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Counting the world's poor: problems and possible solutions

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  • Angus Deaton

    (Princeton University)

Abstract

The World Bank prepares and publishes estimates of the number of poor people in the world. While everyone knows that these numbers should be taken with a pinch of salt, the numbers are arguably important. In an institution where the reduction of poverty is the paramount objective, some overall yardstick of progress (or the lack of it) is required. The numbers are frequently quoted by politicians and by leaders of international organizations, including the Bank itself, who believe the numbers are effective for advocacy. Indeed, there is a long history of studies of poverty mobilizing support among the non-poor for anti-poverty policies. So it is important to know whether the world and national poverty counts are sound enough to support these uses. As recent discussions have made clear, the apparent lack of poverty reduction in the face of historically high rates of economic growth, both in the world as a whole, and in specific countries (most notably India), is providing fuel for the argument that economic growth does little to reduce poverty. How confident can we be that the data actually support these inferences? Are the changes in the poverty counts sufficiently well-measured to support conclusions about growth and poverty reduction? Should the World Bank stand ready to be judged by its success in reducing the current measures of world or even national poverty? If not, can better data collection or better methodologies improve the numbers?

Suggested Citation

  • Angus Deaton, 2000. "Counting the world's poor: problems and possible solutions," Working Papers 212, Princeton University, Woodrow Wilson School of Public and International Affairs, Research Program in Development Studies..
  • Handle: RePEc:pri:rpdevs:deaton_worlds_poor.pdf
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    Cited by:

    1. John Gibson & Susan Olivia, 2002. "An Illustration of the Average Time Measure of Poverty," Working Papers in Economics 02/04, University of Waikato.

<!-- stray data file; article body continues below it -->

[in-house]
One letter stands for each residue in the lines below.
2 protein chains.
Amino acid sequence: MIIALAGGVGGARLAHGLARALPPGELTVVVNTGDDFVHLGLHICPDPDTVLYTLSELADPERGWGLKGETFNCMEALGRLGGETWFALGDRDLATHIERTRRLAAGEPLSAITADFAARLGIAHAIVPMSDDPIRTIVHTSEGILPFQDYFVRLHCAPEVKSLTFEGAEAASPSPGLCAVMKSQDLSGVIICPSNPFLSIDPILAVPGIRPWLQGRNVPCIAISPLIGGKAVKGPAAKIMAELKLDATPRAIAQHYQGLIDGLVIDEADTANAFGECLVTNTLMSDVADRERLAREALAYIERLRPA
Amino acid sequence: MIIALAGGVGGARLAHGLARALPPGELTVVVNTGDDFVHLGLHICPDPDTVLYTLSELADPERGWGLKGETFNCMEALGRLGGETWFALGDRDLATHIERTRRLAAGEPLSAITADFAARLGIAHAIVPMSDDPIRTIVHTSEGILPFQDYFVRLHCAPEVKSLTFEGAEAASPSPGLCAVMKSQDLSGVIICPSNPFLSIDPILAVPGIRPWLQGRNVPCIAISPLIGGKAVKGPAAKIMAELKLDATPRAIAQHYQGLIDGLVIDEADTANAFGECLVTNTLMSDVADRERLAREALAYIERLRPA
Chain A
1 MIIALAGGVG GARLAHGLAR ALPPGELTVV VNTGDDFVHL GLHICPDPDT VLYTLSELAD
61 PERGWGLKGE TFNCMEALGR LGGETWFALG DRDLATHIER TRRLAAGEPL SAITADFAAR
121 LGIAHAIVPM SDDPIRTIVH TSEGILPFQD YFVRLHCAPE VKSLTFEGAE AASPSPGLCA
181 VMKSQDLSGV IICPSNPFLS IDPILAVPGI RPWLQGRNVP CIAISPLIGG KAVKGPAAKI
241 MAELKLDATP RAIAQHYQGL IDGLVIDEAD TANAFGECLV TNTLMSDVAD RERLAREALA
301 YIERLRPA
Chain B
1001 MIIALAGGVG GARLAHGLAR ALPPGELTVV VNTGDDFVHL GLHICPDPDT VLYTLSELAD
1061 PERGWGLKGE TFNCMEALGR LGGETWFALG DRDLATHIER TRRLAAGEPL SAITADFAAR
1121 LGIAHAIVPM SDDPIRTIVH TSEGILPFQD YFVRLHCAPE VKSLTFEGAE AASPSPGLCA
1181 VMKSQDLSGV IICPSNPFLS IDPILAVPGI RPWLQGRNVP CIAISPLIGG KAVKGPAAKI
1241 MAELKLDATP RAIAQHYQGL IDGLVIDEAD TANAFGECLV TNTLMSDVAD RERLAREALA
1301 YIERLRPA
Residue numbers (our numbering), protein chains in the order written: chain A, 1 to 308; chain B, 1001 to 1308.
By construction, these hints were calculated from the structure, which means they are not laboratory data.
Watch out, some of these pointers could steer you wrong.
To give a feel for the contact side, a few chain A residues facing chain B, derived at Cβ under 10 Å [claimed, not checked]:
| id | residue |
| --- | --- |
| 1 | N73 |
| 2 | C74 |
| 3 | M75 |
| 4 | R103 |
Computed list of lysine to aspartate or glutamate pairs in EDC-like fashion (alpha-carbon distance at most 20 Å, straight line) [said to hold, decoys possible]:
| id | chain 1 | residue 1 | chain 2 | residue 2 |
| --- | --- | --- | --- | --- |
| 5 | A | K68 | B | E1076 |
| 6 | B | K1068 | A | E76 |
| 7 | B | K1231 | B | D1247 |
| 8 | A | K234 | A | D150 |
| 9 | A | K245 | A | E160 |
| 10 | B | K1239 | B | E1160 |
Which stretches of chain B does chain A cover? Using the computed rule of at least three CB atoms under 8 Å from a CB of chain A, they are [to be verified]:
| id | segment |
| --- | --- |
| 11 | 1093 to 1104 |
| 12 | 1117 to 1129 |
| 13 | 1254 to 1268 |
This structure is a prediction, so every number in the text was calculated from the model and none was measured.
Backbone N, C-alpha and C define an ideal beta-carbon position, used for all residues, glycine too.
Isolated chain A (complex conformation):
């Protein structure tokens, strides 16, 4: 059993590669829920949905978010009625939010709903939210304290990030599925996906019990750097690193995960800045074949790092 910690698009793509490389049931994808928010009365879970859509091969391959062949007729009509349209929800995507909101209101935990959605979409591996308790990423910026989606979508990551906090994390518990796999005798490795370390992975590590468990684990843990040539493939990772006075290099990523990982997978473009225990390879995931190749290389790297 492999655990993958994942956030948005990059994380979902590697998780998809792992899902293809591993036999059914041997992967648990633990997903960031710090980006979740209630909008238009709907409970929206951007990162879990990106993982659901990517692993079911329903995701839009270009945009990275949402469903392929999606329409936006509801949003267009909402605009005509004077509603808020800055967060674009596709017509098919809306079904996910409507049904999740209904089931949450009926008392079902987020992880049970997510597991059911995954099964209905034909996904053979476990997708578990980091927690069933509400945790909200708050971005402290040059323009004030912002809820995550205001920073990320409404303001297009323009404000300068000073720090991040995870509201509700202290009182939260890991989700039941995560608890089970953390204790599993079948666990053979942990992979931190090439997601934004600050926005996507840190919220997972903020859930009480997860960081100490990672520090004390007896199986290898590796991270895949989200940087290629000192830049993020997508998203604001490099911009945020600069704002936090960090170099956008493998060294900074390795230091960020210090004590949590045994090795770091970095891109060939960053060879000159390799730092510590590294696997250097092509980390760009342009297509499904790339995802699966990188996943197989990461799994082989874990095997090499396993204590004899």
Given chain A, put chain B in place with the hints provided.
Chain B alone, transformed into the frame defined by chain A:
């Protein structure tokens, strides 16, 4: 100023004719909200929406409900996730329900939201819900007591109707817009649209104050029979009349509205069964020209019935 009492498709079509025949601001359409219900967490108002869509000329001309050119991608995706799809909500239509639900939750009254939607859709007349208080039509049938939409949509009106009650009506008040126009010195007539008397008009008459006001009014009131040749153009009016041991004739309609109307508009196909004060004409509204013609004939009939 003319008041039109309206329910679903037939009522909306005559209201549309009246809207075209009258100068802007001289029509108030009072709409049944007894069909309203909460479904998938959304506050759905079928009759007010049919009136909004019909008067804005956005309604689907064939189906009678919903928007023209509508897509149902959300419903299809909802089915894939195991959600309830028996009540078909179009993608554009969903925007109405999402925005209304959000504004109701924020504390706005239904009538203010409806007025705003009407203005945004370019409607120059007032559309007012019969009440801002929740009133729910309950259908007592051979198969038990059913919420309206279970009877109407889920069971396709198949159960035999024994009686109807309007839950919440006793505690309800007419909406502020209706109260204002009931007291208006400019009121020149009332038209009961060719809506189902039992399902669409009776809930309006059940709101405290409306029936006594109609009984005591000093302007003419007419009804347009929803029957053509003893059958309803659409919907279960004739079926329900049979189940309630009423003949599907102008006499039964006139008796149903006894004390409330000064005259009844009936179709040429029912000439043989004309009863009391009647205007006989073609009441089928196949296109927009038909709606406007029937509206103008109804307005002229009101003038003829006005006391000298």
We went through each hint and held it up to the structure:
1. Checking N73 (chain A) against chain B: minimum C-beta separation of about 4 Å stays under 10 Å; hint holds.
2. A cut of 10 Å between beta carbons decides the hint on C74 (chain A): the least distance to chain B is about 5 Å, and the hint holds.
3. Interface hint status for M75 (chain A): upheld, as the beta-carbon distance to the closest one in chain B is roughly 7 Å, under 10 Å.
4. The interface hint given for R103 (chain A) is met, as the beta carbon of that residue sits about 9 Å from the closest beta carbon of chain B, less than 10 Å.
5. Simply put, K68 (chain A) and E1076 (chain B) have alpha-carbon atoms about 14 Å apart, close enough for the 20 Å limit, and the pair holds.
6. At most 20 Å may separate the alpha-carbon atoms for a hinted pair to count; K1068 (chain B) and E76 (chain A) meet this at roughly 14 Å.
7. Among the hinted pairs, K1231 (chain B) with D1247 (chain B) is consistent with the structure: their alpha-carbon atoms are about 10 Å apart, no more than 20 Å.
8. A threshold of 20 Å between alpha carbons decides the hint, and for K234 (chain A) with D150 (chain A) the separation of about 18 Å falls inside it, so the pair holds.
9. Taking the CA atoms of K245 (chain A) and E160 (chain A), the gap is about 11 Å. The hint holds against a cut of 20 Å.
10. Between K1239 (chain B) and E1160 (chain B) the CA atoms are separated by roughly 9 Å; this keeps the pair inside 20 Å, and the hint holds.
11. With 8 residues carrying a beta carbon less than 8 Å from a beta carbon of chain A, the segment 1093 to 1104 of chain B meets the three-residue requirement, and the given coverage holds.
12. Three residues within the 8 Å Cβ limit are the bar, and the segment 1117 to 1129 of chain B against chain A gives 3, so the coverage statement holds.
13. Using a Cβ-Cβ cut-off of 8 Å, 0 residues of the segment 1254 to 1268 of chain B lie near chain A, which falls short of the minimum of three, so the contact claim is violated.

2. Ann Harrison, 2007. "Globalization and Poverty," NBER Books, National Bureau of Economic Research, Inc, number harr06-1, October.
    3. Katsushi Imai & Raghav Gaiha, 2003. "Millennium Development Goals, Agricultural Growth and Openness," Economics Series Working Papers 161, University of Oxford, Department of Economics.
    4. James E. Foster & Miguel Székely, 2008. "Is Economic Growth Good For The Poor? Tracking Low Incomes Using General Means," International Economic Review, Department of Economics, University of Pennsylvania and Osaka University Institute of Social and Economic Research Association, vol. 49(4), pages 1143-1172, November.
    5. Svedberg, Peter, 2003. "World Income Distribution: Which Way?," Seminar Papers 724, Stockholm University, Institute for International Economic Studies.
    6. James E. Foster & Miguel Székely, 2001. "¿Es el crecimiento económico bueno para los pobres? Seguimiento del ingreso bajo con medias generales," Research Department Publications 4270, Inter-American Development Bank, Research Department.
    7. Adams, Richard H. Jr., 2003. "Economic growth, inequality, and poverty : findings from a new data set," Policy Research Working Paper Series 2972, The World Bank.
    8. James E. Foster & Miguel Székely, 2001. "Is Economic Growth Good for the Poor?: Tracking Low Incomes Using General Means," IDB Publications (Working Papers) 1412, Inter-American Development Bank.
    9. Ruiz-Castillo, Javier, 2005. "Relative and absolute poverty : the case of México, 1992-2004," UC3M Working papers. Economics we061103, Universidad Carlos III de Madrid. Departamento de Economía.
    10. Pierre-Richard Agénor, 2005. "Unemployment-Poverty Tradeoffs," Central Banking, Analysis, and Economic Policies Book Series,in: Jorge Restrepo & Andrea Tokman R. & Norman Loayza (Series Editor) & Klaus Schmidt-Hebbel (Series Edi (ed.), Labor Markets and Institutions, edition 1, volume 8, chapter 5, pages 115-165 Central Bank of Chile.

    More about this item

    JEL classification:

    • I32 - Health, Education, and Welfare - - Welfare, Well-Being, and Poverty - - - Measurement and Analysis of Poverty
    • O15 - Economic Development, Innovation, Technological Change, and Growth - - Economic Development - - - Economic Development: Human Resources; Human Development; Income Distribution; Migration

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